Here’s how cycling has the potential to transform cites and dramatically improve health and wellbeing

On yer bike. Image: Getty.

The UK is becoming more and more sedentary. Physical inactivity currently costs the NHS around £1bn each year; including costs to wider society, this rises to around £7.4bn each year.

The big four causes of preventable ill-health are smoking, drinking alcohol, poor nutrition, and lack of physical activity. Of these, the importance of regular exercise is the least well-known. However, evidence is growing.

A recent report by the Academy of Medical Royal Colleges, Exercise – the Miracle Cure showed how regular exercise can prevent dementia, type 2 diabetes, some cancers, depression, heart disease and other common serious conditions. Keeping physically active can also reduce the risk of early death by up to 30 per cent. England’s Chief Medical Officer and the UK government recommend adults get 150 minutes of physical activity each week.

In 2015, however, 34 per cent of men and 42 per cent of women reported that they did not meet UK guidelines on physical activity. According to the British Heart Foundation women are 36 per cent more likely to be considered physically inactive than men. While the majority of adults across the UK are aware of the need to exercise and be physically active, we increasingly find adopting these behaviours challenging.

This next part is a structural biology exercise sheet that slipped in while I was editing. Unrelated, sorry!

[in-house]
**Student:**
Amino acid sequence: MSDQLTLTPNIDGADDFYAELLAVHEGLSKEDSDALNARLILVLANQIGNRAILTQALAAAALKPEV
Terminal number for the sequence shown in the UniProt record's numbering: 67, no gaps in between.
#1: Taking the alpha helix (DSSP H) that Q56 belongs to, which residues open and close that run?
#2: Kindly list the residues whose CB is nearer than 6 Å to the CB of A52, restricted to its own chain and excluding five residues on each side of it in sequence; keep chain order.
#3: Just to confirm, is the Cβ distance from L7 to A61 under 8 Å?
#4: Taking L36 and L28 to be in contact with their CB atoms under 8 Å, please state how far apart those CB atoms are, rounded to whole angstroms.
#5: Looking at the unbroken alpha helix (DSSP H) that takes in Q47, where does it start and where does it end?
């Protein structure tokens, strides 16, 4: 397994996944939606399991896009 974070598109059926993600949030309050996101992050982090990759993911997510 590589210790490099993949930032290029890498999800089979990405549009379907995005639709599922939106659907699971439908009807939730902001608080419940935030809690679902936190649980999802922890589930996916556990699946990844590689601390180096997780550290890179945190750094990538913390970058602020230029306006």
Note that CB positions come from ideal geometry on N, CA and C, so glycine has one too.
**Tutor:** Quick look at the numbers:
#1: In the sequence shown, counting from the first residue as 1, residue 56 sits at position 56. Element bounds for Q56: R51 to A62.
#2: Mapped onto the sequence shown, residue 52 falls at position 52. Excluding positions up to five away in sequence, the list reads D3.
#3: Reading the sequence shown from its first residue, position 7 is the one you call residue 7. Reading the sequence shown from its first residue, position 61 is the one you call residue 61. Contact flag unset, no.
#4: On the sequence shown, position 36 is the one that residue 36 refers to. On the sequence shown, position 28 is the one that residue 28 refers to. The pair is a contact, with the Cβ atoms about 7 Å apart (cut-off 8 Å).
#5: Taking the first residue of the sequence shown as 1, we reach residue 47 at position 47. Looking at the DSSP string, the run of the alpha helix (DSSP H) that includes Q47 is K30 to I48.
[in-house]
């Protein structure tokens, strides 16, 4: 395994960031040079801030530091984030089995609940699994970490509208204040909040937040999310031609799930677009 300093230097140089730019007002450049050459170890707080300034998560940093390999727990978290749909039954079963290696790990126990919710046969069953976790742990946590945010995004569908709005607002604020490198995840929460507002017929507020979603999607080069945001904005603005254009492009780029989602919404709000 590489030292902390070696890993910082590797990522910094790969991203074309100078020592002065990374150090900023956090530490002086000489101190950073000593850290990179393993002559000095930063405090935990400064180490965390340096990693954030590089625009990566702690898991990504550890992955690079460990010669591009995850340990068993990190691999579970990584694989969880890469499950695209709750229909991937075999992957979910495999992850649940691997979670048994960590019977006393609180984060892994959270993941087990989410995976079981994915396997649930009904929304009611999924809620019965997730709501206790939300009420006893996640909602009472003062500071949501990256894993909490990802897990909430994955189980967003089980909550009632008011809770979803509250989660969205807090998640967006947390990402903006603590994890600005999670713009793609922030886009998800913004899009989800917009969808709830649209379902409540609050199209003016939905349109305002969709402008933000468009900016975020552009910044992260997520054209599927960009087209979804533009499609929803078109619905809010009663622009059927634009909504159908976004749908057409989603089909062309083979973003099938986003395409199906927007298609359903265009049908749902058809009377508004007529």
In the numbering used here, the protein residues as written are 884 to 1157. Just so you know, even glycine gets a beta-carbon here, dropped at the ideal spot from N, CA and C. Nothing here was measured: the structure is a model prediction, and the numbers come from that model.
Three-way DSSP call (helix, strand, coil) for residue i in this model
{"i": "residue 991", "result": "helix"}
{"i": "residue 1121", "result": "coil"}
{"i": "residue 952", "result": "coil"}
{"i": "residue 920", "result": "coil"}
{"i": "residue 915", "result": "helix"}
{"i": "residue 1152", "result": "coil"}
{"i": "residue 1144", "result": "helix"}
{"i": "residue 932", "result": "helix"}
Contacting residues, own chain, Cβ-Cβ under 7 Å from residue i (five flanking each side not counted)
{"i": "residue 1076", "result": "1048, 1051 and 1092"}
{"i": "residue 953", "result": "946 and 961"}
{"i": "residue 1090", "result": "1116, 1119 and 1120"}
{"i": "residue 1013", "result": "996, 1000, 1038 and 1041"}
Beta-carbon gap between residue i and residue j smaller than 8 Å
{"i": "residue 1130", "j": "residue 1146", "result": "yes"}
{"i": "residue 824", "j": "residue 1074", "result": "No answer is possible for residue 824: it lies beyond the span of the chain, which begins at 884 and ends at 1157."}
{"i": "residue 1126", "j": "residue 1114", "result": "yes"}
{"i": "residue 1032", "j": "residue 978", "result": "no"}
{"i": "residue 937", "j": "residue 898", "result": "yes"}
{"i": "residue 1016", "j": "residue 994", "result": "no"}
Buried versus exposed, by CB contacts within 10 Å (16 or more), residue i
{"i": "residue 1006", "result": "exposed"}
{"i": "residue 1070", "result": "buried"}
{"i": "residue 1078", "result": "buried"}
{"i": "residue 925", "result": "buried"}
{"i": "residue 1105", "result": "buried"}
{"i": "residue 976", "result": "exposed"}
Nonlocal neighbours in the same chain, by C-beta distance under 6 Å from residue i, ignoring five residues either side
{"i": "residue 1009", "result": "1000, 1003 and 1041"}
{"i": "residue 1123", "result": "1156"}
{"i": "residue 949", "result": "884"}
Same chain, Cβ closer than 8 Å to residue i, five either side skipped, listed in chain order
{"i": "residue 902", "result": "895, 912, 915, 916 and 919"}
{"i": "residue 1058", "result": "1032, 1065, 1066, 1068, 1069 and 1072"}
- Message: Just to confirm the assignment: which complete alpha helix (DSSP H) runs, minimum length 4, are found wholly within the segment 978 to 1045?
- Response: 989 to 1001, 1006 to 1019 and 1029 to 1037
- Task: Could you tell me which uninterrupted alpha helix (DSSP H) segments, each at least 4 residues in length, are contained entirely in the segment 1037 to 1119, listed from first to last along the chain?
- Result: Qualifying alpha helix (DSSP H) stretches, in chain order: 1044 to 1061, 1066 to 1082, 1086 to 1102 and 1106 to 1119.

One of the best ways to increase exercise is through changing our everyday travel behaviours – for example, by cycling more. But for too long, cycling has been seen as a fringe activity in UK cities. This is despite the fact that the size and density of most UK cities are perfectly suited for travel by bike. For example, almost three quarters of trips in Greater Manchester between 3km and 5km are driven. These journeys could be ridden by a cycle at a leisurely pace in around 20 minutes.

Despite this, almost all roads in almost every UK city are currently designed to prioritise cars over other forms of transport. This isn’t surprising considering how easy we make it for people to get in a car and hard for people to walk, cycle or use public transport. And this is despite evidence that shows the latter is better for our health, air quality, congestion, climate change and the economy.

So what would the impact be if cities prioritised everyday cycling?